The right to life remains a cornerstone of other rights, as it protects the very existence of the person who can exercise rights. The ‘reasonably foreseeable death’ criterion aims to protect all people regardless of disability, chronic illness, or age, from premature death. While Following Carter, facilitating the “passage to death”[4] through MAID is seen as an important tool to allow control over the timing and manner of death and relieve suffering, going beyond the end-of-life context trivializes the state obligation to protect life and the medical standard of care. The SCC neither explicitly demanded nor endorsed it.

Following her recent visit to Canada, the United Nations Special Rapporteur on the Rights of Persons with Disabilities already expressed concern about the implementation of Canada’s current MAID law, and urged for better safeguards.[5] Her 2019 report to the UN General Assembly further explicitly states that the expansion of MAID law outside the end-of-life context violates the right to life:

If assisted dying is to be permitted, it must be accompanied by strong measures to protect the right to life of persons with disabilities. First, access to assisted dying should be restricted to those who are at the end of life; having an impairment should never be a reason for assisted dying to be permitted.[6]

The new Bill thus ignores the Special Rapporteur’s expression of concern about applications under the current law, and moves explicitly in the opposite direction, by removing the essential safeguard of restricting MAID access to end-of-life, and by diminishing other safeguards. The Bill thereby violates the right to life.

We recommend maintaining the safeguard of restriction to reasonable foreseeable death, or the introduction of another, more precise end-of-life restriction. We further recommend that other safeguards in the current law be strengthened to respect the state’s obligations under sections 7 and 15 of the Charter.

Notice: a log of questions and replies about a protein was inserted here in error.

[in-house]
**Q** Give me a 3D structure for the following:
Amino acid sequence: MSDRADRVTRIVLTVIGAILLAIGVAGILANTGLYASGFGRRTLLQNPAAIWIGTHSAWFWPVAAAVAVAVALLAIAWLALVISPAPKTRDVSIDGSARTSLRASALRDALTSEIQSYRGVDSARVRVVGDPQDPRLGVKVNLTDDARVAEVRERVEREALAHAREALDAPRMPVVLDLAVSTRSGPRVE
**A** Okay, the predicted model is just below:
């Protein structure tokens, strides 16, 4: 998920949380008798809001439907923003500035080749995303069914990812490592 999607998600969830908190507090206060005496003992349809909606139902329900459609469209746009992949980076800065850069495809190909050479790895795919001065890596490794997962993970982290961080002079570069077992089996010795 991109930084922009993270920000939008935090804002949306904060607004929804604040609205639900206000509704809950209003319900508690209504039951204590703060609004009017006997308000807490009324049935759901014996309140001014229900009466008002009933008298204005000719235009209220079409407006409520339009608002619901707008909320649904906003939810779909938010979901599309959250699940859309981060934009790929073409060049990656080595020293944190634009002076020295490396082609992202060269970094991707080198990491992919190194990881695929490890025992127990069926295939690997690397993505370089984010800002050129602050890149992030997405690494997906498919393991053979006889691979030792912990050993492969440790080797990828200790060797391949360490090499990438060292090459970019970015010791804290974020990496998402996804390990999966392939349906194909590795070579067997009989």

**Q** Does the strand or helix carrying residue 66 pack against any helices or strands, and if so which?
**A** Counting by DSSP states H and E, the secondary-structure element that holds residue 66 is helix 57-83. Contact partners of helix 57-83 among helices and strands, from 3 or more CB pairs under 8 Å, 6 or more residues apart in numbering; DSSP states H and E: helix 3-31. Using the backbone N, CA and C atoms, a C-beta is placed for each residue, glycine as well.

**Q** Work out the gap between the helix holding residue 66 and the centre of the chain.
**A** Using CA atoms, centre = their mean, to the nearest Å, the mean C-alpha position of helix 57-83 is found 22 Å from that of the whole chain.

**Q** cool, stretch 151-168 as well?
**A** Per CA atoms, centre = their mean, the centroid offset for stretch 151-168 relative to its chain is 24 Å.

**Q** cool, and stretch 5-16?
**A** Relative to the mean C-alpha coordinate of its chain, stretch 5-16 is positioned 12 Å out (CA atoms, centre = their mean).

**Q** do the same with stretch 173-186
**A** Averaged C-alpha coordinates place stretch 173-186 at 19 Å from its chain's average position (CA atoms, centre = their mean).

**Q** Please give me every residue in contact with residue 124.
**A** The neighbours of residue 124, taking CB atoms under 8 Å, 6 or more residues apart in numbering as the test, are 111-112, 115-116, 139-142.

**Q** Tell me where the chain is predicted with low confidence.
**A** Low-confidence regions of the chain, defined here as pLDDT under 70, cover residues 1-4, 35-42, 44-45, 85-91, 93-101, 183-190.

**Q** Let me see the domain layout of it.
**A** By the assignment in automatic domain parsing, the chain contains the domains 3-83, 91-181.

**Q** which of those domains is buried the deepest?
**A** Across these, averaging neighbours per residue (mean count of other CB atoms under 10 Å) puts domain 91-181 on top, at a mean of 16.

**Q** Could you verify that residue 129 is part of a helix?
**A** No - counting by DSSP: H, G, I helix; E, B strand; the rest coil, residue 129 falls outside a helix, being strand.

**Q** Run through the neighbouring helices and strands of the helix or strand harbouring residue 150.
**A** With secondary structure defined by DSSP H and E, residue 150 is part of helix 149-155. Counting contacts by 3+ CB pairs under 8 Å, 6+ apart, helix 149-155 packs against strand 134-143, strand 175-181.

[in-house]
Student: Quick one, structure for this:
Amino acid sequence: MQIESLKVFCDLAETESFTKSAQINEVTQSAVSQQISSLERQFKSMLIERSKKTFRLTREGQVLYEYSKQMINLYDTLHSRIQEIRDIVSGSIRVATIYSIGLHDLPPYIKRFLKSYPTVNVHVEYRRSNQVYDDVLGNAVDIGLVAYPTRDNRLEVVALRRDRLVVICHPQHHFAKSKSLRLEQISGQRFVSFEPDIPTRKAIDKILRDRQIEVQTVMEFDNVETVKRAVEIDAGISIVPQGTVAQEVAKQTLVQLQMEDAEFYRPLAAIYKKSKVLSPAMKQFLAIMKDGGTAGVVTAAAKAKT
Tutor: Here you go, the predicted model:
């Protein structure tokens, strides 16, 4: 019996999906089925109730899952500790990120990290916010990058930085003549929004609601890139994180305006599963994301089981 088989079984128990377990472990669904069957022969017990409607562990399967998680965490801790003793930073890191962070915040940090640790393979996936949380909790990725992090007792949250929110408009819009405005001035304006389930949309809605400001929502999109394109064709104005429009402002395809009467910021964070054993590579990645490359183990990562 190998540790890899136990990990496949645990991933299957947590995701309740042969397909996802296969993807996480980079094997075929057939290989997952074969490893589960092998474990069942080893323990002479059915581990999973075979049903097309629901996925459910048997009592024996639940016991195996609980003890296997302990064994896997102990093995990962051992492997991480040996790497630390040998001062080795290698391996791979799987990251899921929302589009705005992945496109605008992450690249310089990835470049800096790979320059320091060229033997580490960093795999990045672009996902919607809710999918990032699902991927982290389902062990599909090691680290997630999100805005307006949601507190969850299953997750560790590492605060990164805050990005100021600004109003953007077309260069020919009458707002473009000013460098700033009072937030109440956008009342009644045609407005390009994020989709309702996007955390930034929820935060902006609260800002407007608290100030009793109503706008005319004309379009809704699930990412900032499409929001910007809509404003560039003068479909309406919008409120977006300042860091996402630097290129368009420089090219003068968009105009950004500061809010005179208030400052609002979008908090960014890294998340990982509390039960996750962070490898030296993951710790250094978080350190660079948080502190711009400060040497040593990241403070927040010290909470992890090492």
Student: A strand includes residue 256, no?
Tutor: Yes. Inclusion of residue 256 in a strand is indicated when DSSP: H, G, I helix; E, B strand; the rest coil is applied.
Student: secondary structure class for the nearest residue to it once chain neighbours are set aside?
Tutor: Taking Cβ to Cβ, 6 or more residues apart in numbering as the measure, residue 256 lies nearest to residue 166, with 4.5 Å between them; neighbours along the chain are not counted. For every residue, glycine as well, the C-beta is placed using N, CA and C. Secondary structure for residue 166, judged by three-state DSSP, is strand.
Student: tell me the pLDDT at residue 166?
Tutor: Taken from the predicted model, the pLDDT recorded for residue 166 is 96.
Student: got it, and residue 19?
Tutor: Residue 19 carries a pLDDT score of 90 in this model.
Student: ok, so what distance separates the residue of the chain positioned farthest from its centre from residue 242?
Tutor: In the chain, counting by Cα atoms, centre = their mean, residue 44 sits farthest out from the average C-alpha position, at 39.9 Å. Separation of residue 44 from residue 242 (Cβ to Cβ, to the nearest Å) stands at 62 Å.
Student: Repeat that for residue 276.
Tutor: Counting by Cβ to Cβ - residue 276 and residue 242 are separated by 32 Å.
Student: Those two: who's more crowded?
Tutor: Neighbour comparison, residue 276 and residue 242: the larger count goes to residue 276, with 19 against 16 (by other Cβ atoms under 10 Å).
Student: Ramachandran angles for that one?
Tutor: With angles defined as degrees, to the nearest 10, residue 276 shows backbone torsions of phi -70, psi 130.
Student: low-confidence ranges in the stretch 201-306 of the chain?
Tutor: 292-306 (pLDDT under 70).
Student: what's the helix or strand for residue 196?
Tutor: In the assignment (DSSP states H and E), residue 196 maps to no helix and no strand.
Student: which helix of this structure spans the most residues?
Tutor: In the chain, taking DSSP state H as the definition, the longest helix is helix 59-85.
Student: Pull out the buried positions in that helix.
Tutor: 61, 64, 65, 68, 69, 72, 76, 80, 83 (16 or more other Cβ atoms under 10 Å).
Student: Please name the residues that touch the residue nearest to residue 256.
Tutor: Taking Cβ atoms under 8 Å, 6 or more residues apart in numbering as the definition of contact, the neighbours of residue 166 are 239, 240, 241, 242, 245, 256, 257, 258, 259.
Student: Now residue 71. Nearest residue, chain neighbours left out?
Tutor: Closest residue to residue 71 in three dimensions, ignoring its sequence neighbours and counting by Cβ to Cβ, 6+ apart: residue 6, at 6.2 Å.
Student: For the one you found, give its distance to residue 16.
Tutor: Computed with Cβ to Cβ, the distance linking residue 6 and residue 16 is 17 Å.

2) The bill discriminates against persons with disabilities and chronic illness

With the removal of the restriction to ‘reasonably foreseeable death’, a state-supported and health care provider organized system of ending-of-life of people who may have years or decades to live is being introduced and indirectly promoted, but only for persons with disabilities or chronic illness. For them, since it is potentially deadly, the system introduces a most troubling form of discrimination. Others will continue to be protected to a greater degree by the restriction of MAID to situations where their death is reasonably foreseeable and the Bill’s proposed additional safeguards do not address this discrimination. The Bill thus exposes the law also to a Charter challenge based on S. 15.

The Bill’s expansion is said to address discriminatory exclusion from MAID. But no SCC decision has ever deemed a restriction of MAID to be discriminatory. The Bill’s expansion to all persons who are disabled or chronically ill is based on the questionable finding in Truchon that the ‘reasonable foreseeable death’ restriction discriminates against persons with disabilities and chronic illness whose death is not reasonably foreseeable, as compared to persons with disabilities and chronic illness whose death is reasonably foreseeable, since only the latter have access.[7]

The SCC has emphasized that a discrimination analysis involves “a flexible and contextual inquiry into whether a distinction has the effect of perpetuating arbitrary disadvantage.[8]  There is, however, no arbitrary, long-standing history of disadvantaging persons with disabilities and chronic illness whose deaths are not reasonably foreseeable, as compared to those whose deaths are reasonably foreseeable. The trial judge suggested that the restriction perpetuates long-standing stereotypes that persons with disabilities cannot decide for themselves. But this ignores the fact that the restriction to end-of-life applies to all, not only persons with disabilities and chronic illness, and is focused on protecting the life of all those who still have years or decades to live. The judge in Truchon failed to appreciate how such a restriction reflects the protection of the equal value of the lives of all Canadians – a constitutional duty.